Also look for those special plants, unusual textures, surprising angles and, of course, the obligatory close-up.

One thing I learnt from this trip was to watch where I leave my kit. This is the time when the gardeners are testing their sprinkler system. At least it saves me washing this week.

For some reason, Botanic Gardens are not heavily frequented by wildlife. I have more birds in my back yard. I did find a few grazing geese and a spider, but other than a stray dog and a dead cane toad, I was the only animal in the park – and even my zoological status has been questioned by some.

Now its time to finish up. You’ll have enough time to download this lot before settling on a nice lunch and a glass of Chard. Then prepare yourself for the midday run.

Thanks for joining me.

This is a guest post by Tom Dinning.

via Light Stalking » TUTORIAL: What’s your time of day? (Part 2) Shooting at Second Light.

 

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How Using Just One Light Will Make You a Better Photographer

By alohal via Light Stalking

Many times, one light is enough.

The master of the “one light,” Zack Arias once racked up a huge debt from being a gear head. From this experience, he learned to use the bare minimum equipment and came out stronger as a photographer. As someone who has been a gear head myself, I subscribe to Zack’s philosophy that a little gear can go a long way. After all, we are trying to develop not a collection of stuff, but a body of knowledge with which we create artistic interpretations of what is around us.

So, one light is enough.

The effectiveness of lighting depends on where you place it, how much power you give it, and what it does to enhance the composition of the image.

One light can enhance ambient light. Copyright Aloha Lavina.

The photo above was made in late afternoon. The sun was descending, and it made these wonderful streaks across a vine-covered wall. I asked Afrodite to stand in front of the wall, positioning her where the sun’s rays would spotlight her in the brilliant gold dress.

I also placed a bare flash gun camera right and above her head, tilted so it shone a light parallel to where the sun’s rays fell. I put a light shaper tool called a snoot on the bare bulb—essentially a cereal box I had cut and taped together with black duct tape so it fit on the front of my flash, but that’s another story— focusing the light specifically on her head.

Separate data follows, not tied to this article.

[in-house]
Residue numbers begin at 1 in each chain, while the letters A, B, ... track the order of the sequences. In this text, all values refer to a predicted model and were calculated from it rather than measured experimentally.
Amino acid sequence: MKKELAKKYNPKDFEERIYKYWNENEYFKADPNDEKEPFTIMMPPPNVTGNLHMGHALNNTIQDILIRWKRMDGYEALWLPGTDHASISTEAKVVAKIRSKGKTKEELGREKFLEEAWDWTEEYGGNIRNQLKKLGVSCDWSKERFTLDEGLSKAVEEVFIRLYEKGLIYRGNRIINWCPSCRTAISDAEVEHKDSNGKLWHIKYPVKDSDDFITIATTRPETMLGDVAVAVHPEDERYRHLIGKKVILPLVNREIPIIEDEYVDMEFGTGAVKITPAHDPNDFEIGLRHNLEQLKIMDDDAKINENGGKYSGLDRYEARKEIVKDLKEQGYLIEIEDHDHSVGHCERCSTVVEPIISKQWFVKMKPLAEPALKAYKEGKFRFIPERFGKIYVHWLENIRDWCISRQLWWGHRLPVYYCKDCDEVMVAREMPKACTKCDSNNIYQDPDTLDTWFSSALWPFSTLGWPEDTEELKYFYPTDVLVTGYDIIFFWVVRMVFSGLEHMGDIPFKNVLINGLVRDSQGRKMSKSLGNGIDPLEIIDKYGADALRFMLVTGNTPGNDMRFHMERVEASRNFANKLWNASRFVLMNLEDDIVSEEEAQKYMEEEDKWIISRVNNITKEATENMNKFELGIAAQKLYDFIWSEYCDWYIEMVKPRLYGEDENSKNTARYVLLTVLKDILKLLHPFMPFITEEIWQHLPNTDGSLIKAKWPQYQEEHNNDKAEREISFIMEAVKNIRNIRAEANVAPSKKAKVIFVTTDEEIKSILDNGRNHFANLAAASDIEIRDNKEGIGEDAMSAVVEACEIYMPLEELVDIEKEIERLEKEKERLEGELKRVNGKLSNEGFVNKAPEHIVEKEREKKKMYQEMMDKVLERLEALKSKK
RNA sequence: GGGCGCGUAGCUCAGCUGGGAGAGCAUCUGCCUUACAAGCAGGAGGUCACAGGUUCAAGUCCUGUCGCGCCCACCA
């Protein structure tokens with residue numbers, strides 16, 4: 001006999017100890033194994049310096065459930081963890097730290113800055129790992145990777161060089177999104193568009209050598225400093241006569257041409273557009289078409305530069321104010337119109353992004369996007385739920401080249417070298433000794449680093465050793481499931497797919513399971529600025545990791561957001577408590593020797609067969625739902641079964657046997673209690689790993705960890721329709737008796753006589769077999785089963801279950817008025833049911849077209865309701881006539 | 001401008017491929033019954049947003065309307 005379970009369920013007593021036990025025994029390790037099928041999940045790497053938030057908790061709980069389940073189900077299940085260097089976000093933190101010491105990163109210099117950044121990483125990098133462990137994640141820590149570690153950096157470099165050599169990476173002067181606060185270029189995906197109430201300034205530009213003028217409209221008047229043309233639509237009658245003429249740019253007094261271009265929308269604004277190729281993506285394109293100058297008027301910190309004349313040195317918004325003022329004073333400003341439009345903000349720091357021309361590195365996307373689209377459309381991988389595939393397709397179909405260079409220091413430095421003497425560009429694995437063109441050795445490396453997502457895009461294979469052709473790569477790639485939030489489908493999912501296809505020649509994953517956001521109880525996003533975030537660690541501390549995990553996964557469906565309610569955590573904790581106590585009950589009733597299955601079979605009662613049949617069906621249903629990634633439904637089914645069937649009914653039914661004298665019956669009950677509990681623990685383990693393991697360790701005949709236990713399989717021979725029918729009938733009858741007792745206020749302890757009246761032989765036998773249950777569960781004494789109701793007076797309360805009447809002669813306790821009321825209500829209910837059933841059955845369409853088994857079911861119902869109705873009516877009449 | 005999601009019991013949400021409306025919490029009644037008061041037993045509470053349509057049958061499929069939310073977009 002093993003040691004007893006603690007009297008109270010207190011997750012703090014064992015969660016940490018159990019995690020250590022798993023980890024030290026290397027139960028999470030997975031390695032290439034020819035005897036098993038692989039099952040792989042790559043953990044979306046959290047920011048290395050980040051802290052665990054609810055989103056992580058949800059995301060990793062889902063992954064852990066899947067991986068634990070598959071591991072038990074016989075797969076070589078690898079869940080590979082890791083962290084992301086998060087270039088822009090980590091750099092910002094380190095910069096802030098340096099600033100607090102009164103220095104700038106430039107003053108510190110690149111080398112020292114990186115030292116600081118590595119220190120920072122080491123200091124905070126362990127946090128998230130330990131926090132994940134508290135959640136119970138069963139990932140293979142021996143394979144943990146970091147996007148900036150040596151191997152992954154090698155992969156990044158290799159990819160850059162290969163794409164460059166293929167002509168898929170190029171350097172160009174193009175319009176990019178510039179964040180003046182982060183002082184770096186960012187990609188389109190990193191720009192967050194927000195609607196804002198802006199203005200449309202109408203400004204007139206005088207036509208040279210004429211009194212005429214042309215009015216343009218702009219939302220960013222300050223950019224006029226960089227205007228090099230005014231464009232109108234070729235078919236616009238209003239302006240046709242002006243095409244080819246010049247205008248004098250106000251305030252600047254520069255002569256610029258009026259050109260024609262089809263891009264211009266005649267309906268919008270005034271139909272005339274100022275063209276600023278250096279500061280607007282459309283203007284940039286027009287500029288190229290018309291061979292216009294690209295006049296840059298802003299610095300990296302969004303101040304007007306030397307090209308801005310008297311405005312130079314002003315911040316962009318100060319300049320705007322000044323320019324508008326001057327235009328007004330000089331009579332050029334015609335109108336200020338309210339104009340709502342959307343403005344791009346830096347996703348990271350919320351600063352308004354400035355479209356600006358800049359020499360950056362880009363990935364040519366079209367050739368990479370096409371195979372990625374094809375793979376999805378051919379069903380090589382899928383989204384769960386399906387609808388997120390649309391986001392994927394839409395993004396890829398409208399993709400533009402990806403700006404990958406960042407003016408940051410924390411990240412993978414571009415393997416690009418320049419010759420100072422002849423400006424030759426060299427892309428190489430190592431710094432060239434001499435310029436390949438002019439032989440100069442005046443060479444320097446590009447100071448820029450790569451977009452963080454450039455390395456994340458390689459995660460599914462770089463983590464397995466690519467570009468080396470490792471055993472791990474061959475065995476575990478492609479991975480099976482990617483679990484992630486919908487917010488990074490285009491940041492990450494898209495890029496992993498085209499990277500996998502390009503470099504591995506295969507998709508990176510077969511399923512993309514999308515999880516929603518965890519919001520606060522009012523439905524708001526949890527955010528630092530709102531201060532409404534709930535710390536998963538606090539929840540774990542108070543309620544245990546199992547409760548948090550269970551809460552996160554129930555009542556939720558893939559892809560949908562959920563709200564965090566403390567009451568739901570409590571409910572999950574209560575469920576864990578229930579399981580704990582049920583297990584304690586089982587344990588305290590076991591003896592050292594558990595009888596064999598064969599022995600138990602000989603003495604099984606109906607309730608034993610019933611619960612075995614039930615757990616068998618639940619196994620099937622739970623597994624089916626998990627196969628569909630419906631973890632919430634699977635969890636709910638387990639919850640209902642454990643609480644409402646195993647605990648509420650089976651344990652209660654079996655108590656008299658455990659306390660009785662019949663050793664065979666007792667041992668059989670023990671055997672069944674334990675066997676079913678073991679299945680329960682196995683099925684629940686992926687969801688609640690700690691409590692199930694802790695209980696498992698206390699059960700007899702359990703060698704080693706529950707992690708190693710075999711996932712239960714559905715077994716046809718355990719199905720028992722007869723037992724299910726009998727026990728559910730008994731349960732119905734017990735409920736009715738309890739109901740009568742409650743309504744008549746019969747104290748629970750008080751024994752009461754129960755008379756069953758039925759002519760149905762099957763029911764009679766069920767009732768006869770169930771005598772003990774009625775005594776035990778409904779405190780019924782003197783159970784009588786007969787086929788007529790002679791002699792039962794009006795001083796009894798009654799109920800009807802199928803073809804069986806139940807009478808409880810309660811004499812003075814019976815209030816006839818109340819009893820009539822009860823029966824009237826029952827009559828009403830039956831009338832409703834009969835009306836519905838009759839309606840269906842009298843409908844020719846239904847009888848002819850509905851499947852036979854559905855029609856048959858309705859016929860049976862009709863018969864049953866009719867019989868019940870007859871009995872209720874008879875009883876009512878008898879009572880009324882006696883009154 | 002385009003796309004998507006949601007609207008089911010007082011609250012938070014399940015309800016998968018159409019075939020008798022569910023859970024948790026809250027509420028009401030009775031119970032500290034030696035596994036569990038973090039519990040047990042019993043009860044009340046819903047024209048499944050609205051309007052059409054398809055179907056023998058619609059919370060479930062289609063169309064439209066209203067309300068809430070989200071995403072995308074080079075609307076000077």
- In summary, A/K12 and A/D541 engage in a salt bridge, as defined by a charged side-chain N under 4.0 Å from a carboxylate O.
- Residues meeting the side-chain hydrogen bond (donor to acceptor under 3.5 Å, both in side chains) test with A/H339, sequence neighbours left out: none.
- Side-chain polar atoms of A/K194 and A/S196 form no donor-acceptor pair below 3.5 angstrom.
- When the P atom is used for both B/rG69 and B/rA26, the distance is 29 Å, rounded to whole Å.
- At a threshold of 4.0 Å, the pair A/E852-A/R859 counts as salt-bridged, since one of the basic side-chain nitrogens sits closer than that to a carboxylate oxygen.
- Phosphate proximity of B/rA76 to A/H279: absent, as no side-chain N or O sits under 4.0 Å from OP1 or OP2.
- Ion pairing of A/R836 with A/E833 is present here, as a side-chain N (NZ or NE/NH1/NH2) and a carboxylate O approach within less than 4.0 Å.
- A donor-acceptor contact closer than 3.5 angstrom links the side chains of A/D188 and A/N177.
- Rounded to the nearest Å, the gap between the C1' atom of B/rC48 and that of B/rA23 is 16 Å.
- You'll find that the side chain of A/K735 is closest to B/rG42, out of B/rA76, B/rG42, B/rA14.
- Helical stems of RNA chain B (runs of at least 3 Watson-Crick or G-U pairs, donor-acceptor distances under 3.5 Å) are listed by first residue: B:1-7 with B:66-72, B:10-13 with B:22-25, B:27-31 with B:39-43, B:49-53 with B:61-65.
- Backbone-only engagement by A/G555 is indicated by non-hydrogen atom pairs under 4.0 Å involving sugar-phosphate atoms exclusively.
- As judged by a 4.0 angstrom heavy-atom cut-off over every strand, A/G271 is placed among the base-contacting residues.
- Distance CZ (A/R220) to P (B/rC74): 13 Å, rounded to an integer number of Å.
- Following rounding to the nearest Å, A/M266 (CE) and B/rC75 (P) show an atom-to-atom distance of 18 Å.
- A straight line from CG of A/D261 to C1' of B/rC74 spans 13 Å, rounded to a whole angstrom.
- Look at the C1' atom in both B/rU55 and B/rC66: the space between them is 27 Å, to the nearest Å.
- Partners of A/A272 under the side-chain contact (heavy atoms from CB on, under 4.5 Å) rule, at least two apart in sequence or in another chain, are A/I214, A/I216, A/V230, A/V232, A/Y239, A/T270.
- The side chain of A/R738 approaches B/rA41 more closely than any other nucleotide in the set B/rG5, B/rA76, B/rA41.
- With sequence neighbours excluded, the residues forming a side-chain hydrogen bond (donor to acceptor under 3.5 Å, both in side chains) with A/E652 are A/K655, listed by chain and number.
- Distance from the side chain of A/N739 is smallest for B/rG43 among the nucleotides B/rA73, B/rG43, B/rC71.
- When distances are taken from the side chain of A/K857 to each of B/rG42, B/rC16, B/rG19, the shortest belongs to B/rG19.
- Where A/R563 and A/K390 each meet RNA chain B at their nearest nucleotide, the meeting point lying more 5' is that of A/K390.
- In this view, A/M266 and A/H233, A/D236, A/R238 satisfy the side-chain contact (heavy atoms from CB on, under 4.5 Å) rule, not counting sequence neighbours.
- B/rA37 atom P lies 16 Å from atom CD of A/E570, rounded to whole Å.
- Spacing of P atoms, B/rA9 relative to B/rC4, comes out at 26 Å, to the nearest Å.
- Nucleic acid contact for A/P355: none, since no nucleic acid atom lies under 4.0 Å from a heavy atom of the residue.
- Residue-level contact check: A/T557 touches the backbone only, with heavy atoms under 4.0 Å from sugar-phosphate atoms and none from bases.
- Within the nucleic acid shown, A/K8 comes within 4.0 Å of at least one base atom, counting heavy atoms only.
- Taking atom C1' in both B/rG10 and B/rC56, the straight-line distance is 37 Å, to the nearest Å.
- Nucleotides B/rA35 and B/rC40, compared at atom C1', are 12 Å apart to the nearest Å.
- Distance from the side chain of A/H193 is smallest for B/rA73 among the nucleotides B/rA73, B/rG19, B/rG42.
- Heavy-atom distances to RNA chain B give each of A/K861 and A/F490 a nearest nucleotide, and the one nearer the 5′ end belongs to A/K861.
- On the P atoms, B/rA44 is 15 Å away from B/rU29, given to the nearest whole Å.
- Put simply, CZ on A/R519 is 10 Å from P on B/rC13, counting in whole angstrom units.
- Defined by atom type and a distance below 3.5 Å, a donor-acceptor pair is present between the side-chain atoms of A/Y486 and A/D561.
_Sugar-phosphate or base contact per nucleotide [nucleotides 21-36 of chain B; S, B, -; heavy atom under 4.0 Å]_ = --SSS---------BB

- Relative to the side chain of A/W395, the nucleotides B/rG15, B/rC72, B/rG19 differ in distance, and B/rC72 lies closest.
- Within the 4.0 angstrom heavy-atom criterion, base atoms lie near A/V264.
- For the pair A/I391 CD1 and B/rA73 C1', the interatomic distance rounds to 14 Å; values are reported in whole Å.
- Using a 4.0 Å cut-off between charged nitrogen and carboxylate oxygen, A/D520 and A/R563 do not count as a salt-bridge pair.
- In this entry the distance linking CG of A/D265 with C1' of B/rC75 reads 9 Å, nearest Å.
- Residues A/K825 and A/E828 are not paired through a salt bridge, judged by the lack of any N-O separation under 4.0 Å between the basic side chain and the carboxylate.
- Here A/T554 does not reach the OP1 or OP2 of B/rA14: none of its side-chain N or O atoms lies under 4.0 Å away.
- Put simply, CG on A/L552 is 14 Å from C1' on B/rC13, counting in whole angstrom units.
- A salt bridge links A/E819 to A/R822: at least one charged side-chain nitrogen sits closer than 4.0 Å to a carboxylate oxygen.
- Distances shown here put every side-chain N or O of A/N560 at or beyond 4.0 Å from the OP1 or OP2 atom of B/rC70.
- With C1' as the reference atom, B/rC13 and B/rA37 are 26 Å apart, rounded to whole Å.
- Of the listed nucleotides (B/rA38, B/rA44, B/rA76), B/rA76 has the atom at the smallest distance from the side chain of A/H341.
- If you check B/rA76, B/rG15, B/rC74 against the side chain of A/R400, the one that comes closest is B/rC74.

Because the composition already had the sharp slice of shadows and streaks of light from the sun, I only needed a pop of light to remove some shadows from the model’s face. I opted to give the flash the intensity of 1/32. That was enough to enhance the sun’s light without overpowering it, and the portrait looks like it was lit with natural light.

Who would have thought a bare light could be this soft? Copyright Aloha Lavina.

Even in a room without large windows, it’s possible to use just the one light. For the shot above of Angie with the burgundy curtain, I placed a bare flash about two meters in front and above her head, zoomed out to a wide range, around 24mm, so I could illuminate her and parts of the curtains.

I asked Angie to play with the drapes and waited for just the right moment to take this image. The result is soft light, almost like that from a beauty dish, but it was actually from the light of one bare flash. Who knew that undiffused light could be so soft?

The trick was to control the amount of light that came out of the flash. I triggered the flash with my on-camera flash on commander mode, and the effect I wanted was of lamplight in a room—soft, with soft shadows. The flash firing at 1/40 was enough to create the lamplight effect.

Arias mastered his shoot-through umbrella along with the one light. I prefer to use a 60 cm softbox. It’s one of these inexpensive, non-brand items that fold up like a reflector. It’s light and I can use it with portable flash guns: great for portability and flexible set-ups.

I used the softbox to enhance the window light in the shot of Chloe below. This image was taken around one in the afternoon. Lots of harsh light outside. But in this broken building with the North facing window, that harsh light came in softer than it would have been without the roof. I wanted to enhance that softness; my model had a soft look, and soft light would accentuate that. So I placed one light in a softbox, firing at 1/16 to approximate the window light, about half a meter away from the model. The result was an image that had brilliant, diffused window light.

One light plus one light shaping tool equals soft portrait. Copyright Aloha Lavina.

With one light, you have the advantage of learning everything you can about how minimal gear can help you make magic. It’s true that learning how to light with only one strobe can be a challenge. But it’s a challenge that doesn’t hurt your pocket, and can only help your skill.

Aloha Lavina is a Bangkok based photographer whose photographs have appeared in CNNGo (USA), UTATA Tribal Photography Magazine (USA), Seventeen magazine (USA), Estamos! (Ecuador), The Korea Times (South Korea), and several books. You can see her work at her website, read her articles on her blog or follow her on Twitter.

via Light Stalking » How Using Just One Light Will Make You a Better Photographer.

 
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Posted by on May 25, 2011 in Featured, Flash Photos, Technique, Tutes & Tips, Worth a Look